The de Havilland Mosquito

There was very little that the de Havilland Mosquito couldn’t or didn’t do to help the Allied cause during World War II.

“The plane that won WWII:” the de Havilland Mosquito

Need a high-altitude plane to drop heavy bombs on an enemy position? The Mosquito could do that. But it could also fly incredibly fast and low for pin-point attacks in daylight or darkness. It was the most productive photo and weather reconnaissance aircraft of the war. It marked targets and served as a decoy for heavy bombers.


And it was very hard to catch. It ended the war with the lowest loss rate of any aircraft in the Royal Airforce Bomber Command Service. No wonder the Mosquito is sometimes referred to as “the plane that won WWII”.


Not bad for a two-person unarmed bomber made almost entirely of wood.

The Mosquito in production at the de Havilland factory

The Mosquito probably never would have been built had it not been for the persistence of British Air Marshal Sir William Freeman. He had commanded a squadron of de Havilland DH-4’s during World War I, and was a big fan of both the plane and the company. So when de Havilland told Freeman in 1940 that it was working on an ultra fast, wooden bomber with no guns, he was receptive to that rather unconventional idea.


But it wasn’t an easy sell. After all, the Americans were going in the opposite direction. Their F-17 aircraft was a massive, metal, heavily-armed flying tank. But Freeman pushed hard for the Mosquito, so hard that the plane was initially known as “Freeman’s Folly”.


Over time, the Mosquito acquired several other, more endearing nicknames; the Timber Terror, the Loping Lumberyard and the Wooden Wonder were the most popular, but to its crews, it was simply the “Mossie”, and they were proud to fly the fastest, most versatile plane on either side of the war.

The 1942 official Mosquito photograph from the Ministry of Aircraft Production

The Mosquito became operational in September 1941, and quickly became famous for its daring low-altitude precision raids against enemy targets. A Mosquito crew blew out the walls of a prison in Amiens and freed hundreds of French resistance fighters. In another raid, Mosquitos flew into the heart of Copenhagen to bomb a Gestapo headquarters. The message was clear: no one could hide, no one was safe from the Wooden Wonders.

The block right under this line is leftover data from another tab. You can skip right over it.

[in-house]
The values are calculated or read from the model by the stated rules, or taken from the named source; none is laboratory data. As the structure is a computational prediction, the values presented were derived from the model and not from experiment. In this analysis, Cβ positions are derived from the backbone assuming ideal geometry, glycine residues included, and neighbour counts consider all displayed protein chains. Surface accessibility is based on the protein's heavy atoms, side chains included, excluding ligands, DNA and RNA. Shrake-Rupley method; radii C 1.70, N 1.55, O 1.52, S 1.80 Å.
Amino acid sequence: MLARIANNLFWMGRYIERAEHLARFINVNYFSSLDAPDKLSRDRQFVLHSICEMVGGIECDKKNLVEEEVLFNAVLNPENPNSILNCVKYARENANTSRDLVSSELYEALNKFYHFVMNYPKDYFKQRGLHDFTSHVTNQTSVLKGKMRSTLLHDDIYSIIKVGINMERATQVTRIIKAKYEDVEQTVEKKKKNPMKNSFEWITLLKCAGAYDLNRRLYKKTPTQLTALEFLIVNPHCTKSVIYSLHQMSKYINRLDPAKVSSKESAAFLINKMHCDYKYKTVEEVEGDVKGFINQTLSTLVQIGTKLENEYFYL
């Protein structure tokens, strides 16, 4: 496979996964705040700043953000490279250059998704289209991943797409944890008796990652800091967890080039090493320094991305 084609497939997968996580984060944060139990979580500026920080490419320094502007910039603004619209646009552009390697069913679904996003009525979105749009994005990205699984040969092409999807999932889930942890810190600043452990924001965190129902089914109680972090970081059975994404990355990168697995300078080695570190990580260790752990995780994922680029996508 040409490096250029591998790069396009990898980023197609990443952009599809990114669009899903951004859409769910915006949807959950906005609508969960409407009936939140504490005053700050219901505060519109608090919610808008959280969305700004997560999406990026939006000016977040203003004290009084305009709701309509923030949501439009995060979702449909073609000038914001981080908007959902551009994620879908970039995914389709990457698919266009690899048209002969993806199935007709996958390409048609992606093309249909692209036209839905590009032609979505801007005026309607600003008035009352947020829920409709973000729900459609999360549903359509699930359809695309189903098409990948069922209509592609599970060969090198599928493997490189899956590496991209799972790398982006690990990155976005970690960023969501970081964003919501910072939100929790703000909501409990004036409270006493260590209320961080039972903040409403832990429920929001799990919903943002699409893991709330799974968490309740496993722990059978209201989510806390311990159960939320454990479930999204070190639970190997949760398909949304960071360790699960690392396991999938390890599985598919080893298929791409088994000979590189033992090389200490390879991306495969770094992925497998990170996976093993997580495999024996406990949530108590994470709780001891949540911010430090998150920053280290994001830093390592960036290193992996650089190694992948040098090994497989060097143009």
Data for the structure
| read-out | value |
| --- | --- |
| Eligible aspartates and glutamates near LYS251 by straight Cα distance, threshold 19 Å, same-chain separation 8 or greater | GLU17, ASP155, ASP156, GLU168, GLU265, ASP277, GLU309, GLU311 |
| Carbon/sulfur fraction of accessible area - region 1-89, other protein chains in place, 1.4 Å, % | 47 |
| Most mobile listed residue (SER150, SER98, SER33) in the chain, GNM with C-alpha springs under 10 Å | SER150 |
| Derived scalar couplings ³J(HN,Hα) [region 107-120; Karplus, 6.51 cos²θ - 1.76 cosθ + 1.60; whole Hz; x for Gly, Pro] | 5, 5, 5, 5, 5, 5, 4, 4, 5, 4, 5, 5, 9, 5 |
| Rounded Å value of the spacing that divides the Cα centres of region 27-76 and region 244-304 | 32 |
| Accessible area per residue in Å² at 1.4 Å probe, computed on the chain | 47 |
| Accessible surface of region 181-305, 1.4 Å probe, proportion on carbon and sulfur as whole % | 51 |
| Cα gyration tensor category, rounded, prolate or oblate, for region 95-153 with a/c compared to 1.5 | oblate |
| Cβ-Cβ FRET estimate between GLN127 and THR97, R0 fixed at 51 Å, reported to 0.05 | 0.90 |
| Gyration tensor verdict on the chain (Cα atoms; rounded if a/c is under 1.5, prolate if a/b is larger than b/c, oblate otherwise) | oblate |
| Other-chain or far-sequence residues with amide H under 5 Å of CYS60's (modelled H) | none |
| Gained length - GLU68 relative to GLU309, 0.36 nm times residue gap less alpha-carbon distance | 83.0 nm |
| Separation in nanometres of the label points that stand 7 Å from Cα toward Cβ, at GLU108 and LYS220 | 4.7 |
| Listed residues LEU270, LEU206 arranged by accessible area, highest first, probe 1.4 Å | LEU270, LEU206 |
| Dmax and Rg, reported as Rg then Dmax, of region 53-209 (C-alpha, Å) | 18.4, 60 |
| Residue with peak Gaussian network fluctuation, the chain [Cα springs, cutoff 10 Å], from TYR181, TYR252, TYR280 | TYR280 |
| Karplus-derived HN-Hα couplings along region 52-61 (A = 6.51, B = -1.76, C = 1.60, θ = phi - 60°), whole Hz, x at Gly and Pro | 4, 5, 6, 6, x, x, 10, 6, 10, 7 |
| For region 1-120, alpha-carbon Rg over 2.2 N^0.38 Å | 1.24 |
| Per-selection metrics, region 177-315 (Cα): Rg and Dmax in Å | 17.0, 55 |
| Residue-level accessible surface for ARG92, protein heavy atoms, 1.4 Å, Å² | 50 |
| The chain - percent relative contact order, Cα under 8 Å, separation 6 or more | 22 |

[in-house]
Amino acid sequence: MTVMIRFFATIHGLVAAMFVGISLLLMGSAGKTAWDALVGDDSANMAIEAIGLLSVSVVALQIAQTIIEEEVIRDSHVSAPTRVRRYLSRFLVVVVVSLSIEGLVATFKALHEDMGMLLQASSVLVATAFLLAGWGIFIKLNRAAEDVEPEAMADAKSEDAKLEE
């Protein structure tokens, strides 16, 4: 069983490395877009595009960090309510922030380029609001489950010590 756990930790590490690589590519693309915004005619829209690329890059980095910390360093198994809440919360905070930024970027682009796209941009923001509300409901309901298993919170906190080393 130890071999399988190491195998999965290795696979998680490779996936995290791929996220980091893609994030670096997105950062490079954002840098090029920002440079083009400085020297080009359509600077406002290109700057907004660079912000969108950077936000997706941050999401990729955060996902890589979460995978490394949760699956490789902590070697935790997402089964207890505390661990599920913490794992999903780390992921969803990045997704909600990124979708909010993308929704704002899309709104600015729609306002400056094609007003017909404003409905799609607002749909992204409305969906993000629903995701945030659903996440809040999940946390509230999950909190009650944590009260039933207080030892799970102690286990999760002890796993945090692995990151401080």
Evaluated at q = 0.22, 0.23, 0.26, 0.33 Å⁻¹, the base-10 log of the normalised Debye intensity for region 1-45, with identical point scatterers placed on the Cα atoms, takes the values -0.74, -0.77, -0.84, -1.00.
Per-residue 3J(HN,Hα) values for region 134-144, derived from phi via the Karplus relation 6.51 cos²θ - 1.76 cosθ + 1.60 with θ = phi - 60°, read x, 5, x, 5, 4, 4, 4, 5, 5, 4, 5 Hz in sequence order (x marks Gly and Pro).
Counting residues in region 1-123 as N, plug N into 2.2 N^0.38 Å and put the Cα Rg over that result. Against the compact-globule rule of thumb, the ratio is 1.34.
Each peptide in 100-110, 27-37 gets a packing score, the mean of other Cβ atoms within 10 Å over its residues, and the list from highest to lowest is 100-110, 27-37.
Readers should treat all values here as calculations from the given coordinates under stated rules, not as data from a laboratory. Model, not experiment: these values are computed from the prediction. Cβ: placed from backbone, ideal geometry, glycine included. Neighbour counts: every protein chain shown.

De Havilland built more than 6700 Mosquitos during the war. Over a thousand were built at Downsview. The last one rolled out in November 1950, but the plane continues to hold a special place in the minds of many Canadians today thanks to Fredrick Forsyth’s short story, The Shepherd.


Pilots in front of de Havilland’s 1000th Mosquito

Written in 1975, the story depicts the struggle of an RAF pilot trying to fly his disabled aircraft home on Christmas Eve 1957. When all seems lost, the pilot is met by a ghost airplane, a vintage WWII de Havilland Mosquito, that guides him to safety.


In 1979, Alan Maitland, co-host of the CBC Radio program As It Happens, performed a reading of The Shepherd that proved so popular, it has been repeated on the program every Christmas Eve since then.


"I could not believe that my fondest wish was being answered to fly a Mosquito," Canadian veteran George Stewart, 94, told CBC Radio’s As It Happens  host in 2018.

Listen to the full interview here (CBC Licensing):



Ever met the daring “Mossie”? Share your memories.


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We acknowledge that the Downsview lands are on the traditional territory of the Mississaugas of the Credit who signed Treaty 13 (1805), and that these lands have also been the historic homelands of the Huron Wendat and Haudenosaunee people.